Seeing how captivated Feightner and his friend were, the instructor suggested they check out the Navy air training center in Michigan. “We went up there and found out what the Navy stuff was all about and they said, ‘Hey, we’ll take you this afternoon.’ So, we signed up,” Feightner said in the interview.
The pair left for the Navy two hours after graduating from Findlay in June 1941. After training in Corpus Christi, Texas, Feightner eventually joined O’Hare’s VF-3 group in Hawaii. O’Hare taught his men valuable lessons about aerial combat, lessons Feightner would soon employ for real.
In the autumn of 1942, Feightner was transferred to VF-10, known as “The Grim Reapers,” aboard the carrier USS Enterprise, which on Oct. 16, 1942, sailed for the South Pacific and the war. Joining Feightner in VF-10 was Lieutenant junior grade John Leppla, a 1934 graduate of South High School, who by then had been credited with shooting down as many as four Japanese planes, although postwar scrutiny eventually pared the number to one.
In late October 1942, during the Battle of the Santa Cruz Islands southeast of Guadalcanal, Feightner shot down his first enemy plane, a dive bomber attacking the carrier USS Hornet. Feightner, however, ran out of fuel and was forced to make a desperate landing on the Enterprise, which itself had been savaged by Japanese aircraft. “I got down to the hangar deck,” Feightner recalled. “I was wading around in water and fuel and dead bodies.”
Leppla did not survive the battle. He was seen to parachute from his stricken plane, but his chute streamed and did not fully deploy. He was declared missing in action and presumed dead. “The night before, he had written a letter home, to be sent if he did not return the next day,” Mersky wrote.
Feightner, meanwhile, would go on to serve on the USS Yorktown, the USS Intrepid and the USS Bunker Hill. “He downed three torpedo bombers off Rennell Island on Jan. 30, 1943, and became an ace (a pilot with at least five kills) when he shot down a Zero fighter off the Palau Island chain in March 1944,” the Times wrote. “He shot down another Zero off Truk in April 1944 and downed three Zeros off Formosa (now Taiwan) on Oct. 12, 1944.”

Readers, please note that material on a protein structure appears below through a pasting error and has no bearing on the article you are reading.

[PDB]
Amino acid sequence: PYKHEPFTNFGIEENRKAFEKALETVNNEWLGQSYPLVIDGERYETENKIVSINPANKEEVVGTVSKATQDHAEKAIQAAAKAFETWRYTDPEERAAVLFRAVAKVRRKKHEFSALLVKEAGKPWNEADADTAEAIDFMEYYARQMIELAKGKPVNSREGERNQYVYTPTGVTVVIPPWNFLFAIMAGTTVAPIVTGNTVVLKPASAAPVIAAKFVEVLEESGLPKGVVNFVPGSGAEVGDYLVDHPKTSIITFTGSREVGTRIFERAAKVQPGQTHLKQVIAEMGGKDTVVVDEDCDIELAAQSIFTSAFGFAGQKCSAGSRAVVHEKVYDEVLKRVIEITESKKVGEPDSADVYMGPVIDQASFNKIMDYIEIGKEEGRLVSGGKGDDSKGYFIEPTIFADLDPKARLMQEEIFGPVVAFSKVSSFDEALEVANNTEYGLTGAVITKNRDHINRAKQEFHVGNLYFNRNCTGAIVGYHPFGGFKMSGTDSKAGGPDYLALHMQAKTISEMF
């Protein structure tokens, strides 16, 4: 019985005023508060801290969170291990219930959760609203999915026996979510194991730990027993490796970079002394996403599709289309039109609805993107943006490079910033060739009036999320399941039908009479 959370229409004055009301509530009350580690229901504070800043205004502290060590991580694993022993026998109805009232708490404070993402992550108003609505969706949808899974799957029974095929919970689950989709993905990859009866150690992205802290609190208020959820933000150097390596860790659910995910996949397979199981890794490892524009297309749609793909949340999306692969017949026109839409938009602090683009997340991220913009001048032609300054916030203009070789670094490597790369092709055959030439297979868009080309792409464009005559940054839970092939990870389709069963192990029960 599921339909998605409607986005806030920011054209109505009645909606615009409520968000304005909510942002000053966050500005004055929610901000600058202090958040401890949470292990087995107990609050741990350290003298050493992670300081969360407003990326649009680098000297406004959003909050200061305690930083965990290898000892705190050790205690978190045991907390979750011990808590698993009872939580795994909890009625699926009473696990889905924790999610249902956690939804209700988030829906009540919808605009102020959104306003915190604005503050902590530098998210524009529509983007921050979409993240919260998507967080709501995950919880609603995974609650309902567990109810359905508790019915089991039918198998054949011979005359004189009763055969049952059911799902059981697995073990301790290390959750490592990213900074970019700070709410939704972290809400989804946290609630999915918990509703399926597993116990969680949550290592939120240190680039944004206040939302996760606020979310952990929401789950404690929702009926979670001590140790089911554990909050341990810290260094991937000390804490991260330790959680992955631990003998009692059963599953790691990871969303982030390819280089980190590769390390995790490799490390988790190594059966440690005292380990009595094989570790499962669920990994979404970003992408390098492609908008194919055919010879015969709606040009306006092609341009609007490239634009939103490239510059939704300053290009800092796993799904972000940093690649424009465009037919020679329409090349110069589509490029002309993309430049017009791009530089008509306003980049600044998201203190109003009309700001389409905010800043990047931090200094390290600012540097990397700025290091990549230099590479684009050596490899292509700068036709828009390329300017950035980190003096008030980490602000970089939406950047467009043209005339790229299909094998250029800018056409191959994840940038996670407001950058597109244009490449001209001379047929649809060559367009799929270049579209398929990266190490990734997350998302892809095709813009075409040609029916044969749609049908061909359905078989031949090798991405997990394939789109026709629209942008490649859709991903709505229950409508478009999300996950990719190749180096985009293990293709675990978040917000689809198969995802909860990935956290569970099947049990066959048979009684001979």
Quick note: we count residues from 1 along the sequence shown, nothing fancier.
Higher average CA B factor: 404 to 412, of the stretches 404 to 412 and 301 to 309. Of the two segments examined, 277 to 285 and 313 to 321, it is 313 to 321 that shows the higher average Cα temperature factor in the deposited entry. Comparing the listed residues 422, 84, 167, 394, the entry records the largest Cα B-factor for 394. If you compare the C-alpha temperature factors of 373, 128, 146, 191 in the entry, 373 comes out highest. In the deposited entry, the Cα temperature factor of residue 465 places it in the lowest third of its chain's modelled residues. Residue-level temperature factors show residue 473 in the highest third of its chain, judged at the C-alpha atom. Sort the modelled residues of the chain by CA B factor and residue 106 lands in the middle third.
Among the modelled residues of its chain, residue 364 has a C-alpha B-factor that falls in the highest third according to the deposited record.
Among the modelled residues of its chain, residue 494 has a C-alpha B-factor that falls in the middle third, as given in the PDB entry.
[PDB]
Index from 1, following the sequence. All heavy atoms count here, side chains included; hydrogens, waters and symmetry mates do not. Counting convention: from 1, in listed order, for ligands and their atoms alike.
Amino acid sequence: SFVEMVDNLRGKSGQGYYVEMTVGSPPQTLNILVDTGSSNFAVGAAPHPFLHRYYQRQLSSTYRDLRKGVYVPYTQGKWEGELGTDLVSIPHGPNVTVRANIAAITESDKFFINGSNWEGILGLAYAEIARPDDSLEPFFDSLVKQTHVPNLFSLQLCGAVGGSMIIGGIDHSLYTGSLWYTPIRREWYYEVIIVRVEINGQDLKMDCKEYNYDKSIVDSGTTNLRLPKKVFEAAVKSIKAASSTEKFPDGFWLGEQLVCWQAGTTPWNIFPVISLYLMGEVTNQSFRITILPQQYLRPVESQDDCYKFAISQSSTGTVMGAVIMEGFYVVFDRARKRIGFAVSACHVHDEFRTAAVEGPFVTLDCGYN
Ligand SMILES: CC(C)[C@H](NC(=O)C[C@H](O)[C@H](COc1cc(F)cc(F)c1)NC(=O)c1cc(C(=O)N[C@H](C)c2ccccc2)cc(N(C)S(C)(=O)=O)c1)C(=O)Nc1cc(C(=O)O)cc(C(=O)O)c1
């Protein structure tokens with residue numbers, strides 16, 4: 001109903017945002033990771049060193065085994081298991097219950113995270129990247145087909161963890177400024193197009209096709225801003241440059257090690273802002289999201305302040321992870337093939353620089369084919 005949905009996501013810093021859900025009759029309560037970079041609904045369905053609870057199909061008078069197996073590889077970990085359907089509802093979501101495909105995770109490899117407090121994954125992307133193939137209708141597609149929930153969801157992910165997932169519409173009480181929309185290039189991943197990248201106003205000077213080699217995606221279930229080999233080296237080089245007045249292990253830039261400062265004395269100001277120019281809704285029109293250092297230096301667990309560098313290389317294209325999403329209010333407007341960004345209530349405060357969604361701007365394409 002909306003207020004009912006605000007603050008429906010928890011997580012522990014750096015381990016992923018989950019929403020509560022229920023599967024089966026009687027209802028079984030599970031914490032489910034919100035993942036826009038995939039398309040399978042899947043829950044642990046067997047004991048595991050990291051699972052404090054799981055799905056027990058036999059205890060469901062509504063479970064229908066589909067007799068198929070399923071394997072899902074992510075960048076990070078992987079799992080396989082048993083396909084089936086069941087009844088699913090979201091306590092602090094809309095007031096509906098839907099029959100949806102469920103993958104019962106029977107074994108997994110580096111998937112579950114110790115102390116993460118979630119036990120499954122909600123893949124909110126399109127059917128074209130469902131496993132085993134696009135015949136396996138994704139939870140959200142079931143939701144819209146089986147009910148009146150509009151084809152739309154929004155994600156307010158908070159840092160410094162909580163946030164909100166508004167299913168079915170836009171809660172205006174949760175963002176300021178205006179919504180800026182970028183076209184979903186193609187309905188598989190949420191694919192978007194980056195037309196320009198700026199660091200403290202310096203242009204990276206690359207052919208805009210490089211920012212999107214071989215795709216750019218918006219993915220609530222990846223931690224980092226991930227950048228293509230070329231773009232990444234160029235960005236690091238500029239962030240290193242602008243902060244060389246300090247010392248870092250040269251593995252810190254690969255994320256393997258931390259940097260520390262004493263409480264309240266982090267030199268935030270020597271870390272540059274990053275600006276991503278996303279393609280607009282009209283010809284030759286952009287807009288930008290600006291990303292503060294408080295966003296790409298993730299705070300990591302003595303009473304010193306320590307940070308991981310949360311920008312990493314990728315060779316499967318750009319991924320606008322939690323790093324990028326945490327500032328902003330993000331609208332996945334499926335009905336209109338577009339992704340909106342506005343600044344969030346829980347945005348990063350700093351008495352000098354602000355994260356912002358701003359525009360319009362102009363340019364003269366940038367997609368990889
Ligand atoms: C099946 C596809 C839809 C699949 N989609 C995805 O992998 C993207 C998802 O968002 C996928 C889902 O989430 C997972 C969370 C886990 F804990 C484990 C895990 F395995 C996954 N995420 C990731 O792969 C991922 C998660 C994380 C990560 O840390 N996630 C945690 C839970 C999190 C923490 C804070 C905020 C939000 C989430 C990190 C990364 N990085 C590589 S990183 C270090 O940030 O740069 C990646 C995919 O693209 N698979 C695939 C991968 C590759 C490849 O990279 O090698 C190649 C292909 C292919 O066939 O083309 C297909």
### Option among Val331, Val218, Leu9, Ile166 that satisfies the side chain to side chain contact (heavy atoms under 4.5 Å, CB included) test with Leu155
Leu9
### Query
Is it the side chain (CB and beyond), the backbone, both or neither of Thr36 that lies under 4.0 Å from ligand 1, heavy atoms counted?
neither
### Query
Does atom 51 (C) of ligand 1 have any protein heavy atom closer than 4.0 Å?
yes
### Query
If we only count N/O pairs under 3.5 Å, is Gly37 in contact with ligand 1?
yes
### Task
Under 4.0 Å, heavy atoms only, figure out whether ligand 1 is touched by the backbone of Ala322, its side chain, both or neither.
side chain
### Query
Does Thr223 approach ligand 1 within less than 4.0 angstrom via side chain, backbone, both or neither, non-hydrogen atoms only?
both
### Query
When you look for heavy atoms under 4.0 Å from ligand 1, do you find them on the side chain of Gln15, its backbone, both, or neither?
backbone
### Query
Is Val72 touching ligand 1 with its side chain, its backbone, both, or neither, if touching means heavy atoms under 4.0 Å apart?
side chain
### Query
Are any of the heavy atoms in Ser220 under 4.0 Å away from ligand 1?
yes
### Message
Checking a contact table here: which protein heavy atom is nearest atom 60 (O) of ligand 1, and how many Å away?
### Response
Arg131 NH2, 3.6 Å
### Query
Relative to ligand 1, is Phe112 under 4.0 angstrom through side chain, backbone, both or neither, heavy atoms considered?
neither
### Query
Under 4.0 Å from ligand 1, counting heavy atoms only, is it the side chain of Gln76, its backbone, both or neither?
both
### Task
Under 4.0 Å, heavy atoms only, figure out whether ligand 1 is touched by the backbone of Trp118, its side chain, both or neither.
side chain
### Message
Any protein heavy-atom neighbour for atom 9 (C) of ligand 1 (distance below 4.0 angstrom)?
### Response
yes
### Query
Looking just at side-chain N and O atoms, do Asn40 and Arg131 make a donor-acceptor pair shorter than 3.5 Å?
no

“After the war,” The Lima News wrote April 5, “Feightner tested aircraft and trained pilots to transition from propeller-driven aircraft to jets. He became a member of the Navy’s Blue Angels demonstration team, flying the lead ‘solo’ position. He was assigned to several of the Navy’s most secret projects at Patuxent River, Maryland. He flew and helped develop legendary fighters such as the F-7U Cutlass, P-9F Banshee and the attack aircraft AD Skyraider.”
He also got married. In August 1948 in Long Beach, California, Feightner wed Violet Beatrice Volz, the daughter of an admiral. The couple had no children.
In the mid-1960s, he served as the commanding officer of the USS Chikaskia and the USS Okinawa. “He was promoted to rear admiral in 1970 and retired four years later, becoming a corporate consultant to the Navy,” the Times wrote.
Feightner also spent several decades speaking at events and engagements. After his wife’s death in 2015, he relocated from Washington, D.C., to Coeur d’Alene, Idaho, where he stayed with nephew Jim McBride and his wife.
On his 97th birthday, on Oct. 14, 2016, Feightner took the controls one last time during a flight over Coeur d’Alene. “He was quite smooth on the controls, really remarkable considering how little he has flown in the last 50 years,” his nephew told the News.
Reach Greg Hoersten at email@example.com.